SALT LAKE CITY -- A Utah teenager has returned from Asia after a brutally exhausting experience, and he just loved it. With the exception of a Sherpa boy, he's the youngest person ever to reach the top of Mount Everest.
Johnny Collinson lives at Snowbird, where his parents work. His family waited at home the last couple of months he followed a dream he's had for 10 of his 17 years.
"It's the highest mountain, the highest place on Earth," Collinson said. "Since it's the highest, it would seem like the most challenging."
The day he flew to Asia he turned 17. Sherpas on Mount Everest were skeptical of such a youthful climber. "They weren't sure what to expect of me, but they saw that I was really strong so I got the nickname 'The White Sherpa,'" Collinson said.
At his age, most kids are dreaming about the junior prom or worrying about schoolwork.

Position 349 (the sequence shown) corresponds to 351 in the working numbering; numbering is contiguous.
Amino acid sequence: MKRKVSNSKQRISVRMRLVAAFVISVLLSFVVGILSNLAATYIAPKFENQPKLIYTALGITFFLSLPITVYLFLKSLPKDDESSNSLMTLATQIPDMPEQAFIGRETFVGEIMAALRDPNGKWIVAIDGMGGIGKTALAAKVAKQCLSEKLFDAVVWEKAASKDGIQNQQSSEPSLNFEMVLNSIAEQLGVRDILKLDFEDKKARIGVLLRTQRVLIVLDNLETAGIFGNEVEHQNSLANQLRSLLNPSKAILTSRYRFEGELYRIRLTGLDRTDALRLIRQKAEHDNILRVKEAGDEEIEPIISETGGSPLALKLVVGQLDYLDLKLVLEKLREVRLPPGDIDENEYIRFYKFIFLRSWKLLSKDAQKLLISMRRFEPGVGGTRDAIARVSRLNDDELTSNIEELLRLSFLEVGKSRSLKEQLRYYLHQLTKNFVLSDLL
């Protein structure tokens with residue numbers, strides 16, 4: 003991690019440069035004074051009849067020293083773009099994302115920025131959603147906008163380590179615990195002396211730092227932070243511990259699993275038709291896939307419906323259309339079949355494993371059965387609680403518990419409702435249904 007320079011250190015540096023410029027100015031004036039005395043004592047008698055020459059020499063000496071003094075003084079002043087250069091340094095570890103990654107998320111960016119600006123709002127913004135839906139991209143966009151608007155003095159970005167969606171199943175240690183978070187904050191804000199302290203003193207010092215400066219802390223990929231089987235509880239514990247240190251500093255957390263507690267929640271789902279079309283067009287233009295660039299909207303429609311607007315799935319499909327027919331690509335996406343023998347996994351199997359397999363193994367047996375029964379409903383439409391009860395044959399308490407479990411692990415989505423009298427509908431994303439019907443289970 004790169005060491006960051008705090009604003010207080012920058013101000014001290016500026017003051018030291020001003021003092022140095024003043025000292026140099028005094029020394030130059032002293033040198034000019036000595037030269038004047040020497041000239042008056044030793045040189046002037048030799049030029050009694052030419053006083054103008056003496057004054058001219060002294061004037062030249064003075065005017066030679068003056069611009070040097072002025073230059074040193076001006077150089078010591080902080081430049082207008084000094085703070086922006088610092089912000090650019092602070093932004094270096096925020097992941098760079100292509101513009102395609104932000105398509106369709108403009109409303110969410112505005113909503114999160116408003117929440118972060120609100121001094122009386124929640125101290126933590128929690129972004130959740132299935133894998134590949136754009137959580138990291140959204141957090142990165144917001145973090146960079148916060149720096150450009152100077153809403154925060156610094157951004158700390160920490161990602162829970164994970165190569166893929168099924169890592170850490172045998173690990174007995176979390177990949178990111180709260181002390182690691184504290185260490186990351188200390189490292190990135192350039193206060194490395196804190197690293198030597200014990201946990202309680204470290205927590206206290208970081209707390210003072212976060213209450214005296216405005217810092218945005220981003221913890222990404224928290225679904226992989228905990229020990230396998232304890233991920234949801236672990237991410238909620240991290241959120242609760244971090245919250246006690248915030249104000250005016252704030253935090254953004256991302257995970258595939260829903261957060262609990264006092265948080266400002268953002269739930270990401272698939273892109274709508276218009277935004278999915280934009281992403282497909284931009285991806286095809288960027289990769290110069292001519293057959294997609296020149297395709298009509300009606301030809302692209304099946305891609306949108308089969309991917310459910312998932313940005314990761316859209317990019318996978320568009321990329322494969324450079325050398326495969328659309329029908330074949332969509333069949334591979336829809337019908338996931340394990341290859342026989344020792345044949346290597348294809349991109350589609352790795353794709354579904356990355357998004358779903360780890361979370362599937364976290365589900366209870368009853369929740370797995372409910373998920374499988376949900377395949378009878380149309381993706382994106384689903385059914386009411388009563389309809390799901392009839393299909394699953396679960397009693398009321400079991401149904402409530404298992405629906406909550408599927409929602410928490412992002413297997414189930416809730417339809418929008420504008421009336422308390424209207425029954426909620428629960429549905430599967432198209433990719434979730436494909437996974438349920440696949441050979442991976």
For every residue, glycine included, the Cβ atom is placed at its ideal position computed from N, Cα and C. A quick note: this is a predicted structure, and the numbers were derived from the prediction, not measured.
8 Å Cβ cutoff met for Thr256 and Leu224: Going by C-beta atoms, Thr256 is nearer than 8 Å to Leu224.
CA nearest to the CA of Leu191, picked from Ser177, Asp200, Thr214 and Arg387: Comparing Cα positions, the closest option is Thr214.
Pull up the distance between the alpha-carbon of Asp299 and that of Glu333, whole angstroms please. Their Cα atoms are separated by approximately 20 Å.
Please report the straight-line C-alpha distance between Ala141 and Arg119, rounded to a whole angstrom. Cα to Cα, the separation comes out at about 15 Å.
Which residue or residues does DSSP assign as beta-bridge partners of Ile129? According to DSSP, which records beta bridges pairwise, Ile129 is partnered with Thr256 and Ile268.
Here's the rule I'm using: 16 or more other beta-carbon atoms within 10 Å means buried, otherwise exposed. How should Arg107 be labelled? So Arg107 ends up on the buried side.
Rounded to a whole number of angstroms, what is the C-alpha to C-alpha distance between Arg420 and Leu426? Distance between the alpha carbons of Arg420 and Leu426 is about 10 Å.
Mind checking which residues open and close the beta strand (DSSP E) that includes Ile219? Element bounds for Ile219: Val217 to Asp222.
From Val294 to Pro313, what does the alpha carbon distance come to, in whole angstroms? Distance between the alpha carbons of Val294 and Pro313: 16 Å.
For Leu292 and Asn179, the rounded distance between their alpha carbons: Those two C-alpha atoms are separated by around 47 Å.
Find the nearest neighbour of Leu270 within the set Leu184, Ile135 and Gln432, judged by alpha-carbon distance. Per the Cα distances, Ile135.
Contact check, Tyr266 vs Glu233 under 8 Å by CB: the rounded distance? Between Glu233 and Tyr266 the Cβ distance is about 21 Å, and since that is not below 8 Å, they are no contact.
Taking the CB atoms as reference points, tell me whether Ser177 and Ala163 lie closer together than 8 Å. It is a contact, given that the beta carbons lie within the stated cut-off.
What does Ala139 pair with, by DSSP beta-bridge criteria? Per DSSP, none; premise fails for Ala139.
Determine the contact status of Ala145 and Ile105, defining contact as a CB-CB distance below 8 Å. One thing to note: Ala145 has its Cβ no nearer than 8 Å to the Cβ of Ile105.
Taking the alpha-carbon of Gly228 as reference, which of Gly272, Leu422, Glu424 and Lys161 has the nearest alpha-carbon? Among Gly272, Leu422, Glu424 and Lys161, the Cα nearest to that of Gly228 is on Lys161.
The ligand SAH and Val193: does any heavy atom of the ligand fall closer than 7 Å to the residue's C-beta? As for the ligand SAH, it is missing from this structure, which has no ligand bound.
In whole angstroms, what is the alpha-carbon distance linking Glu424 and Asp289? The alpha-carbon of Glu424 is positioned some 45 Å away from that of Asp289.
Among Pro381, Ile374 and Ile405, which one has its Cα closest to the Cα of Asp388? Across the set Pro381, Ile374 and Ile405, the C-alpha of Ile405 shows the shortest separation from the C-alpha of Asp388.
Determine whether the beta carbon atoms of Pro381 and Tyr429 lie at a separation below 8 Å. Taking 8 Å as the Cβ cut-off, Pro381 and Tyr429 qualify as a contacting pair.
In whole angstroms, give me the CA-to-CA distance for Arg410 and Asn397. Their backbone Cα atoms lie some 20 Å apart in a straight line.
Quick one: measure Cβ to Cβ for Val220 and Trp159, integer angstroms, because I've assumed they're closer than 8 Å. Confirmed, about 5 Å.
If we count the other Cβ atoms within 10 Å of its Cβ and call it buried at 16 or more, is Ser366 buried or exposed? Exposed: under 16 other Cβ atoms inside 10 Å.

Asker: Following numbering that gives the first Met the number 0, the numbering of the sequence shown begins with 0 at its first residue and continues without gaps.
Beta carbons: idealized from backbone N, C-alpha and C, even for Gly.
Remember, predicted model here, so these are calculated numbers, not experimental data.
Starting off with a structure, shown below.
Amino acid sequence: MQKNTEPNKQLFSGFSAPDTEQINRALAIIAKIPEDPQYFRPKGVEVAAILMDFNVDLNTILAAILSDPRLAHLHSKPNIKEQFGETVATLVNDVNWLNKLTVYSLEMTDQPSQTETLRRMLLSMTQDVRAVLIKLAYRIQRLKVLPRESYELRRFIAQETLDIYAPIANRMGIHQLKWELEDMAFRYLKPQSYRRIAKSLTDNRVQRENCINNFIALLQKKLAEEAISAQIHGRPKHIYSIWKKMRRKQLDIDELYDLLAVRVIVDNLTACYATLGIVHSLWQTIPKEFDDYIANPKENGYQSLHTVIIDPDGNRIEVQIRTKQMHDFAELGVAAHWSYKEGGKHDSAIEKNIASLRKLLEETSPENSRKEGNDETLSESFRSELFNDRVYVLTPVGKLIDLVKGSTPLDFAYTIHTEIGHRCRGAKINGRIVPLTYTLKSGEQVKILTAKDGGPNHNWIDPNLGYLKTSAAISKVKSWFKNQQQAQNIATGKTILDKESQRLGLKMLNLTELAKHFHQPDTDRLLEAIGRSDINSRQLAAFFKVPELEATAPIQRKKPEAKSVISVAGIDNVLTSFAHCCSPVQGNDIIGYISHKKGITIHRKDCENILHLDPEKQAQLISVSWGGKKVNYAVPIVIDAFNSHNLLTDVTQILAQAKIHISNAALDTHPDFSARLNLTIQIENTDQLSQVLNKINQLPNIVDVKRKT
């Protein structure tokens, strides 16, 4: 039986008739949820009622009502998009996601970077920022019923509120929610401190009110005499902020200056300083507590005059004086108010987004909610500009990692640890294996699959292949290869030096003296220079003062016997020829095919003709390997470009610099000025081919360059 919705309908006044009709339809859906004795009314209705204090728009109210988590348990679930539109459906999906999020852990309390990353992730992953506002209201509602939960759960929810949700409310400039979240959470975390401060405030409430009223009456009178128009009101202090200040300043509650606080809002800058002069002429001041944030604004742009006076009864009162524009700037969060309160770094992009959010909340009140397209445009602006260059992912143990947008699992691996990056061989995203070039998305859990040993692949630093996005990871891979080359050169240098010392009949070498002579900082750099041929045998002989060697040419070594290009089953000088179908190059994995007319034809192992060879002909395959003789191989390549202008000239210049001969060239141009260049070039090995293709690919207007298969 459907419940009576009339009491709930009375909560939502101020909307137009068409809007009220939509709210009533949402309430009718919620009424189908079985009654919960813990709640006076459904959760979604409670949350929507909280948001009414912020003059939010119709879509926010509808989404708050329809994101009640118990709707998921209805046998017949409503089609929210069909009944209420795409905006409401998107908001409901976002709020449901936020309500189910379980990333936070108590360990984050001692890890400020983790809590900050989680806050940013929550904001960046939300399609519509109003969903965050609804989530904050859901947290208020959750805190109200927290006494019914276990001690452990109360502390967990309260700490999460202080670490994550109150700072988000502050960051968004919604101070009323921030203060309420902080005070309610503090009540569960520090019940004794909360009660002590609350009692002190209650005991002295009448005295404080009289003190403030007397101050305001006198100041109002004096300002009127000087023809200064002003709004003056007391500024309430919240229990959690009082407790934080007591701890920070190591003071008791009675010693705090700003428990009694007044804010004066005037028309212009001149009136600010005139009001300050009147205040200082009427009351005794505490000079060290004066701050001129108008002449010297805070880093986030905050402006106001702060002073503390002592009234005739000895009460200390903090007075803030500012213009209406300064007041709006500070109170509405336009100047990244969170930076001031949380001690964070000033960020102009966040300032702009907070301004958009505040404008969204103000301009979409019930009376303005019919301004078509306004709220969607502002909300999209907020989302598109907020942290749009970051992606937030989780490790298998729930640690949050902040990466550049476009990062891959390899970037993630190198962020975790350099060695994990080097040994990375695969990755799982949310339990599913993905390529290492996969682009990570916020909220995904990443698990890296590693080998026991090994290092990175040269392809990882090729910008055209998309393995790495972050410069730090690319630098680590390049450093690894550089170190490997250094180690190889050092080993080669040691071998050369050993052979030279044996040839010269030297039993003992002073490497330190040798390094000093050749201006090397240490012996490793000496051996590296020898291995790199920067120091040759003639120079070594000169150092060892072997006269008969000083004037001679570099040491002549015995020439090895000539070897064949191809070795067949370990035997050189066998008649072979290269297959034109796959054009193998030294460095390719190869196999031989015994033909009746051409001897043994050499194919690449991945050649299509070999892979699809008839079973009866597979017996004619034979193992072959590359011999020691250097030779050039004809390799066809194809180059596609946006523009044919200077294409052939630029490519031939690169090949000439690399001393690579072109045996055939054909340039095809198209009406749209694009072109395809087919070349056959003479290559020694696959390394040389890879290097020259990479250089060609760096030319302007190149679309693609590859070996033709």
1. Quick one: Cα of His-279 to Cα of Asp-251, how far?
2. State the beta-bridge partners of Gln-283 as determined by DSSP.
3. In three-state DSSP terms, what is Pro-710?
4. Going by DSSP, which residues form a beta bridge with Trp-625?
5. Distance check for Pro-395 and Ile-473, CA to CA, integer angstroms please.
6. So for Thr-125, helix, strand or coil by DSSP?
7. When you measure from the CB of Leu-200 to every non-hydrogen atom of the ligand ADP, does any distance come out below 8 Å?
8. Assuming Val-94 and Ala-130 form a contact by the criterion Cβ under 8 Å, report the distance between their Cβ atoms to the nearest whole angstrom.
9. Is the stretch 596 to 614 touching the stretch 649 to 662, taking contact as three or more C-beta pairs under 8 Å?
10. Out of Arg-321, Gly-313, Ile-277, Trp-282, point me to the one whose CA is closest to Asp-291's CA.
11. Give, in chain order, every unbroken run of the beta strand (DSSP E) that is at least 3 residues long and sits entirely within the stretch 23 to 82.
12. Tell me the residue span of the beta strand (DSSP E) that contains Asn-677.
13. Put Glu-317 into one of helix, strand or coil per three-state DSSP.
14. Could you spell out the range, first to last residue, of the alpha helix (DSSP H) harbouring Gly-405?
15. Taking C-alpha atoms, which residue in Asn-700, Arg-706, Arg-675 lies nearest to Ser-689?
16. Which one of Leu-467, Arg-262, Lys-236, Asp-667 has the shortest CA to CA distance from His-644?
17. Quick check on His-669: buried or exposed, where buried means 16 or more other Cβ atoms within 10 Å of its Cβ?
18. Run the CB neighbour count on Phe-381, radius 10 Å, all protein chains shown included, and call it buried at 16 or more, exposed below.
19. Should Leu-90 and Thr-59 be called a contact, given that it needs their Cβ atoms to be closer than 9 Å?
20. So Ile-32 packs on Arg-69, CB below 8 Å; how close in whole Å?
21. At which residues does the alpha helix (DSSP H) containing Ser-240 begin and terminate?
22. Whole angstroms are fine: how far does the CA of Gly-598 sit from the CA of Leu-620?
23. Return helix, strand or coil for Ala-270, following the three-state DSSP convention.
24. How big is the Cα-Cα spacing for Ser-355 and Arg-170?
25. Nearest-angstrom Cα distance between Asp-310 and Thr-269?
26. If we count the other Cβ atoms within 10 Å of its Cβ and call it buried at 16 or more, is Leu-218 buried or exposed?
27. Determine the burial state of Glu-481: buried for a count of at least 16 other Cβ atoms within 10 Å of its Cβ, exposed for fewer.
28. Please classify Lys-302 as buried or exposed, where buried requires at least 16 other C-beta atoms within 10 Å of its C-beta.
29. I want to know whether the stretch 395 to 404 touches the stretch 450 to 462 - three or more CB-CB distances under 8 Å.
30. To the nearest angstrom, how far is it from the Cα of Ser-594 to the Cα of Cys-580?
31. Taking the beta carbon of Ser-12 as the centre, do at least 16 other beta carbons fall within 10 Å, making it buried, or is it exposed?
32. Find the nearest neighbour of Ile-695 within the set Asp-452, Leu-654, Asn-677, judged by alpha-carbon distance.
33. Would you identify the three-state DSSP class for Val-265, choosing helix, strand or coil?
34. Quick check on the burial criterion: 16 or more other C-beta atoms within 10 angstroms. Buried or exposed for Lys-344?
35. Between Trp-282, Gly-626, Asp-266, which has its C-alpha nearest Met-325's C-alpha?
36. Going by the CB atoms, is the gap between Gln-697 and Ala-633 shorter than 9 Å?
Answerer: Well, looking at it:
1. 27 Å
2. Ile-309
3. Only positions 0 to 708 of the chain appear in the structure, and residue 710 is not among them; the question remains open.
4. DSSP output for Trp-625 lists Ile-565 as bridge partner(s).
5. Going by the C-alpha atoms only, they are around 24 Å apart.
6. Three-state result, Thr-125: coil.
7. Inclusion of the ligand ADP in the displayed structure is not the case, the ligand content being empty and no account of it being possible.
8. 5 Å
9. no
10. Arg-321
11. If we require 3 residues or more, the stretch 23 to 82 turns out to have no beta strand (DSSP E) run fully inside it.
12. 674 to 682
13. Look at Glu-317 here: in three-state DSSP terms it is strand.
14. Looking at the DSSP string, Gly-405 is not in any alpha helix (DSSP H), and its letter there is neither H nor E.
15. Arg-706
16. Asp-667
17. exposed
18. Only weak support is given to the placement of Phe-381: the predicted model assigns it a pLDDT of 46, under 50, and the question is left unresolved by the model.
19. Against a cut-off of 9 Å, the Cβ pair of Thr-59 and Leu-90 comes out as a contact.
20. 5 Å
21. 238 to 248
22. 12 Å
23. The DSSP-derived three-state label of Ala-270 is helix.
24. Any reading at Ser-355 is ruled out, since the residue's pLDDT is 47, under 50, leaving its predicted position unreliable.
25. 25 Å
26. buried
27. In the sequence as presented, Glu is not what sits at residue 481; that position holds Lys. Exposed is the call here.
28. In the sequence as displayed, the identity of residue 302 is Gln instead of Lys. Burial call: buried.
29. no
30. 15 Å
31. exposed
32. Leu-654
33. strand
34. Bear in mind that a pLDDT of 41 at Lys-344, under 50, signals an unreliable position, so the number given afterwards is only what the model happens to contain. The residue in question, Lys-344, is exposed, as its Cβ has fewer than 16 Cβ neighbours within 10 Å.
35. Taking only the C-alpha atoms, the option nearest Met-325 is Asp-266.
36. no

"I'm taking independent study classes from BYU, so I was doing homework at base camp," Collinson said. "I was super happy to be, like, every day, moving closer and closer to my goal."
The hardest part was pushing himself to get started each morning. On summit day, it was 40 below zero. "It was so cold that my feet were getting really cold, but I knew if I stuck it out until the sun came up, that I could make it," he said.
After weeks on the mountain Collinson achieved the goal he set two-thirds of his life ago.
"It was amazing. You could look around and everything is below you. You can actually see that the earth is curved," he said. "It was overwhelming how happy I was getting up there."
Collinson continued, "I've always been able to push myself, so it feels good after a hard climb and you make it."
The top of the world may seem like the limit to where a person can go, but Collinson's parents aren't thinking of it that way. They say the whole message is that kids should follow their passions and never set limits.
Collinson does have higher ambitions. By the end of this year, he expects to become the youngest person ever to climb the highest peak on each of the seven continents. He's two down and five to go, and he's raising money through his Web site, JohnnyCollinson.com.